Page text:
Business contracts


Small business owners may shy away from formal contracts of any kind, preferring the informality of verbal or electronic (e.g. e-mail) agreements.

The advantages of this are less bureaucracy and paperwork; lack of legal expenses associated with drafting and reviewing contracts; and potentially stronger trust-based relationships with customers, employees, suppliers, and other stakeholders.

The major downside of not having formal contracts in place is that there can be miscommunication and confusion about who is supposed to do what and when, as the parties involved may have different interpretations of what is expected. Another disadvantage is that even when there is consensus initially, one of the parties may later renege on an agreement.

Either of these situations can degenerate into a complete breakdown of relations or even disputes that can only be resolved in a court of law.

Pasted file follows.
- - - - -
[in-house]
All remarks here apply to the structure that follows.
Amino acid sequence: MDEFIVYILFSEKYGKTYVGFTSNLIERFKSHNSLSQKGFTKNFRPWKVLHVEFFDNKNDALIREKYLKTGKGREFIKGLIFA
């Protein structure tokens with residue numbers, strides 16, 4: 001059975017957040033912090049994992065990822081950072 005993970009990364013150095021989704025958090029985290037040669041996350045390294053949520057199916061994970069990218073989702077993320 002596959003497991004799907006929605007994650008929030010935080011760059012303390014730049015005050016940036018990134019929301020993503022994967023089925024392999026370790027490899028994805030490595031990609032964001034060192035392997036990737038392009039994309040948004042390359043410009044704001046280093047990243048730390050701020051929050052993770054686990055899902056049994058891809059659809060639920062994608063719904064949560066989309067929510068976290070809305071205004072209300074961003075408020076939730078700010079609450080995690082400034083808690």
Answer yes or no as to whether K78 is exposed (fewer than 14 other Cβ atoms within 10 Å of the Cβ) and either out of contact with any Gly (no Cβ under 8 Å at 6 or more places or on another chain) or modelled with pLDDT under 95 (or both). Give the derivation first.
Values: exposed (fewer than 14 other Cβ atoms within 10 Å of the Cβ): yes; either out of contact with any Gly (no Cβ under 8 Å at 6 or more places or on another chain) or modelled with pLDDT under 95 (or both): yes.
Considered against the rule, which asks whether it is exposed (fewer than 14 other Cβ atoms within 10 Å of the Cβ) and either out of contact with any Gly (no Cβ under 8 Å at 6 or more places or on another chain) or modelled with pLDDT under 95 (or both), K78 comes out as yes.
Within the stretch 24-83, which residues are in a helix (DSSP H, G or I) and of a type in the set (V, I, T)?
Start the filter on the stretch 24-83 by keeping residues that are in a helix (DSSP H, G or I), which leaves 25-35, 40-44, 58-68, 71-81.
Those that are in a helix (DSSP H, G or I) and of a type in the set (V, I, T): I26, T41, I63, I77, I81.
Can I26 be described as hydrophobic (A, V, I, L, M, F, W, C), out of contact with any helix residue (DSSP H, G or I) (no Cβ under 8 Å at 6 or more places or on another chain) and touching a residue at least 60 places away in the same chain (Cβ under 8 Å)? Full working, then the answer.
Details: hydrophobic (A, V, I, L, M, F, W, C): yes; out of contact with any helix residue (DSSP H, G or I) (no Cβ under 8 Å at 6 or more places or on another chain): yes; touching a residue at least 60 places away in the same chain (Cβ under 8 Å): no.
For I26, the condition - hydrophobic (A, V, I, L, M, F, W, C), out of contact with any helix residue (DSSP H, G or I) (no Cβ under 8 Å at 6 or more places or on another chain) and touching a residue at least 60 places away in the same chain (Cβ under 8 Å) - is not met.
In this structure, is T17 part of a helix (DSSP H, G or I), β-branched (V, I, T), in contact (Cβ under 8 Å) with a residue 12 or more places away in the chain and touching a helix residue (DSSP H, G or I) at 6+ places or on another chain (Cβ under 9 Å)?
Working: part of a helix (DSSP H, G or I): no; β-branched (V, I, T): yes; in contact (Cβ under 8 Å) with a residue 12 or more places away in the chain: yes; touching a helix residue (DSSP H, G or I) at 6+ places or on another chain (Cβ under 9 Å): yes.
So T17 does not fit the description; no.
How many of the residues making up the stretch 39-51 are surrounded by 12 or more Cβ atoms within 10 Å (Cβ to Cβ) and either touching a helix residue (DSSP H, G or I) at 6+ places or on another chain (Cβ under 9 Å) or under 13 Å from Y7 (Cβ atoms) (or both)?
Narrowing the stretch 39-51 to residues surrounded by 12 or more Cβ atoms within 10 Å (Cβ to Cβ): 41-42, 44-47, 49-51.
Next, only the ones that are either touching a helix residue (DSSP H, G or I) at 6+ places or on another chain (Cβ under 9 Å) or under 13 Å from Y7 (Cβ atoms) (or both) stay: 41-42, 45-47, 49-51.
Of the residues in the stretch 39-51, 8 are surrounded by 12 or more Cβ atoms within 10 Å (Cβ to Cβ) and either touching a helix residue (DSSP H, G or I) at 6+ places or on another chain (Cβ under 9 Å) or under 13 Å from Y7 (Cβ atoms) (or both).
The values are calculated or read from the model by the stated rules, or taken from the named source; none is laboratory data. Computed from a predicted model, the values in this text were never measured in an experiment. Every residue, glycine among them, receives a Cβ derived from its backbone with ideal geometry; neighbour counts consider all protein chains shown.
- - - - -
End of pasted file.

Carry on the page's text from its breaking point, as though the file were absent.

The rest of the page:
Business contracts can be as simple or complex as circumstances require, and small business owners should not assume that by definition all contracts are difficult to understand or involve some trickery and loopholes.

For instance, quotations sent to potential customers (and received from suppliers) can be viewed as contracts as they specify what products and services will provide, when, how and what cost. Payment is an indication that the quotation has been accepted, and there is an expectation that the business will do what is specified in the quotation.

Another example is that of employment contracts, which can consist of a short customized document (indicating the job title, the hours of work, remuneration, and the start and end dates of employment), accompanied by standardized policies regarding leave days, performance reviews and other aspects of the employment relationship.

Small business owners may choose to distinguish between permanent and temporary employees and have written agreements with the former. It may be worthwhile for small business owners to engage a legal expert on a once-off basis to develop standardized templates for contracts typically entered into by the business on a day-to-day basis. These can then be tweaked where necessary.

Alternatively, small business owners can conduct secondary research (e.g. local and international websites targeted at small businesses) and develop their own contracts or purchase ready-made versions from stationery shops.

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